As expected, the iPhone 4S has a dual-core processor, bringing it in-line with the iPad 2, which features a dual-core 1GHz ARM A9 CPU. Android smartphones are sure to beat the new iPhone in pure technical terms within the next six months, with the Google Nexus Prime set to offer a 1.4GHz dual-core CPU.
Smartphone processors are beginning to hit a wall, though, where the bottleneck in user experience is almost entirely down to software, not hardware. In the top-end at least.
A colleague noted the other day, as we chatted about the upcoming iPhone (as we're sure many of you have), that the single-core 1GHz A4 chip inside the iPhone 4 is still pretty snappy, even though it's technically trounced by many Androids. Gaming aside, the cutting edge of smartphone software rarely requires the most cutting edge of processors.
The Truth of Apps
Asking what the iPhone 4S could add to the iPhone series's app scene is like trying to think of a present for the person who has everything. Aside from apps of dubious legality or precarious moral standing, the App Store has it all, and the iPhone 4S isn't going to change that much.
Just like the iPhone 3GS and iPhone 4 before it, though, the iPhone 4S will incite a spurt of graphics-focused development from a handful of precocious developers. In the last round of graphical splurging, the most notable entries were Epic Citadel and its full game spin-off Infinity Blade - from Epic Games. It's likely we'll see similar feats, probably once again from Epic Games too, within the next 4-8 months.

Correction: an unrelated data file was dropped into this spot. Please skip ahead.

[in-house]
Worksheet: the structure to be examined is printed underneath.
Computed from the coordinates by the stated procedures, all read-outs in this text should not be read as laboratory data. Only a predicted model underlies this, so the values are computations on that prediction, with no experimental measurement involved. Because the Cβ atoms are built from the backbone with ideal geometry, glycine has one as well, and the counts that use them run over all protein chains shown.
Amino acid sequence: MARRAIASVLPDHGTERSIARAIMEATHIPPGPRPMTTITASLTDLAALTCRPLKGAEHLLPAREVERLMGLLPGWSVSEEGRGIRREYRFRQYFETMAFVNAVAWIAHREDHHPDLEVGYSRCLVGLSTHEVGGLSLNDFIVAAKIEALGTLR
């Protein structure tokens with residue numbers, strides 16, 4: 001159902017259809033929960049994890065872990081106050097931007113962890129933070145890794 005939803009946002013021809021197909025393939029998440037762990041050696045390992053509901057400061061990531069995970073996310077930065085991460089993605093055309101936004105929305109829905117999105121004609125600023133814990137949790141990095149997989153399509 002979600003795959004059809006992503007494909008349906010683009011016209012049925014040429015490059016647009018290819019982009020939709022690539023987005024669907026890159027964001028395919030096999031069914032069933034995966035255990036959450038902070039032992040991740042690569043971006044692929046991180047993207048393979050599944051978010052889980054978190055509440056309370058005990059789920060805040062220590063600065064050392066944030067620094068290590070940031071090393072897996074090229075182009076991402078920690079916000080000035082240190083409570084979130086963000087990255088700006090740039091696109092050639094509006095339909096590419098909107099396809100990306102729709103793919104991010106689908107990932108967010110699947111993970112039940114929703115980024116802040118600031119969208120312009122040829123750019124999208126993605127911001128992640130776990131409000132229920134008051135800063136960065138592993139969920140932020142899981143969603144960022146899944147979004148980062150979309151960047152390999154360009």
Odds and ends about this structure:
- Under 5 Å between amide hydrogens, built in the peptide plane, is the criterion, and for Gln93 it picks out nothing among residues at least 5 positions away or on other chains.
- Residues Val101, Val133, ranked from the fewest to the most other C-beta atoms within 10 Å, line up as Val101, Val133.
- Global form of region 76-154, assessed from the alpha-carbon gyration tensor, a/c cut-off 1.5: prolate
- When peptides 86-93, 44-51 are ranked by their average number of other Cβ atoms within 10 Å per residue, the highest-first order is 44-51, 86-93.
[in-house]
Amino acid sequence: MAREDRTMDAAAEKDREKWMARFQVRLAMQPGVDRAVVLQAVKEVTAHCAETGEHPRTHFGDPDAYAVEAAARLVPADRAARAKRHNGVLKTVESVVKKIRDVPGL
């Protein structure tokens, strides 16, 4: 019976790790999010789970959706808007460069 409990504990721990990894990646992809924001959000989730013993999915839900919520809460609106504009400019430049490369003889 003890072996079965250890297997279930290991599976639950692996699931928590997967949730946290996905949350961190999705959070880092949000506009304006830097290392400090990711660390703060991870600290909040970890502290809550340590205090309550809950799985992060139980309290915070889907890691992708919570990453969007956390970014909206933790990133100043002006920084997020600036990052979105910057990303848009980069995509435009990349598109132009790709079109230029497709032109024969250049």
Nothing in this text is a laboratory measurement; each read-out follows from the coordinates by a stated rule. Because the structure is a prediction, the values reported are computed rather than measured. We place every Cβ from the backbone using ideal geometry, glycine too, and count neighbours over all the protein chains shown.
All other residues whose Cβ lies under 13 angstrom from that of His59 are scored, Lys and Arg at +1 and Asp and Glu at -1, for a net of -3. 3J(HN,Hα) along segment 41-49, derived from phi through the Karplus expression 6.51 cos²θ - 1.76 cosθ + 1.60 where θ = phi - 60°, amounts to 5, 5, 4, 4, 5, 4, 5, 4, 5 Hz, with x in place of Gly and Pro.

As for Android? While there are a great many keen Android developers out there, making money from the platform is still a major problem - one that will take more than a handful of dual-core flagship phones to remedy. There's a mindset issue within Android users, an unwillingness to pay - where plenty of iOS owners appear willing to fritter away 69p over and over again.
There are plenty of contributing factors - ropey Android Market navigation in most handsets, frequently tricky payment and a lack of a central nav space like iTunes, are but three factors (and no, the Android Market website isn't much of a mitigation). The iPhone 4S doesn't do anything to rock the app scene boat - other than pushing older iPhone iterations closer to obsolescence - but its minor upgrades will keep it ticking along nicely, ahead of Android.
Storage and Flexibility
The iPhone 4S doesn't drastically alter the approach previous Android have taken. There's no Mass Storage mode, and just the usual proprietary jack to connect to a PC. However, iOS 5 will loosen the restraints placed on the smartphone somewhat.
It removes the need to be connected to a PC to upgrade software, and lets you perform the initial iPhone setup without a computer too. All this is fairly standard fare on Android, but it's a big step for the traditionally hamstrung iPhone range.
The iPhone 4S also sees the introduction of a 64GB model, offering more built-in internal memory than any other current Android phone. It won't come cheap though, as you might expect.
Some manufacturers, like Samsung with its Android-powered Galaxy Tab 10.1, have shown signs of adopting the Apple approach to storage, but while there are those that don't, Android will still have the upper hand in storage terms.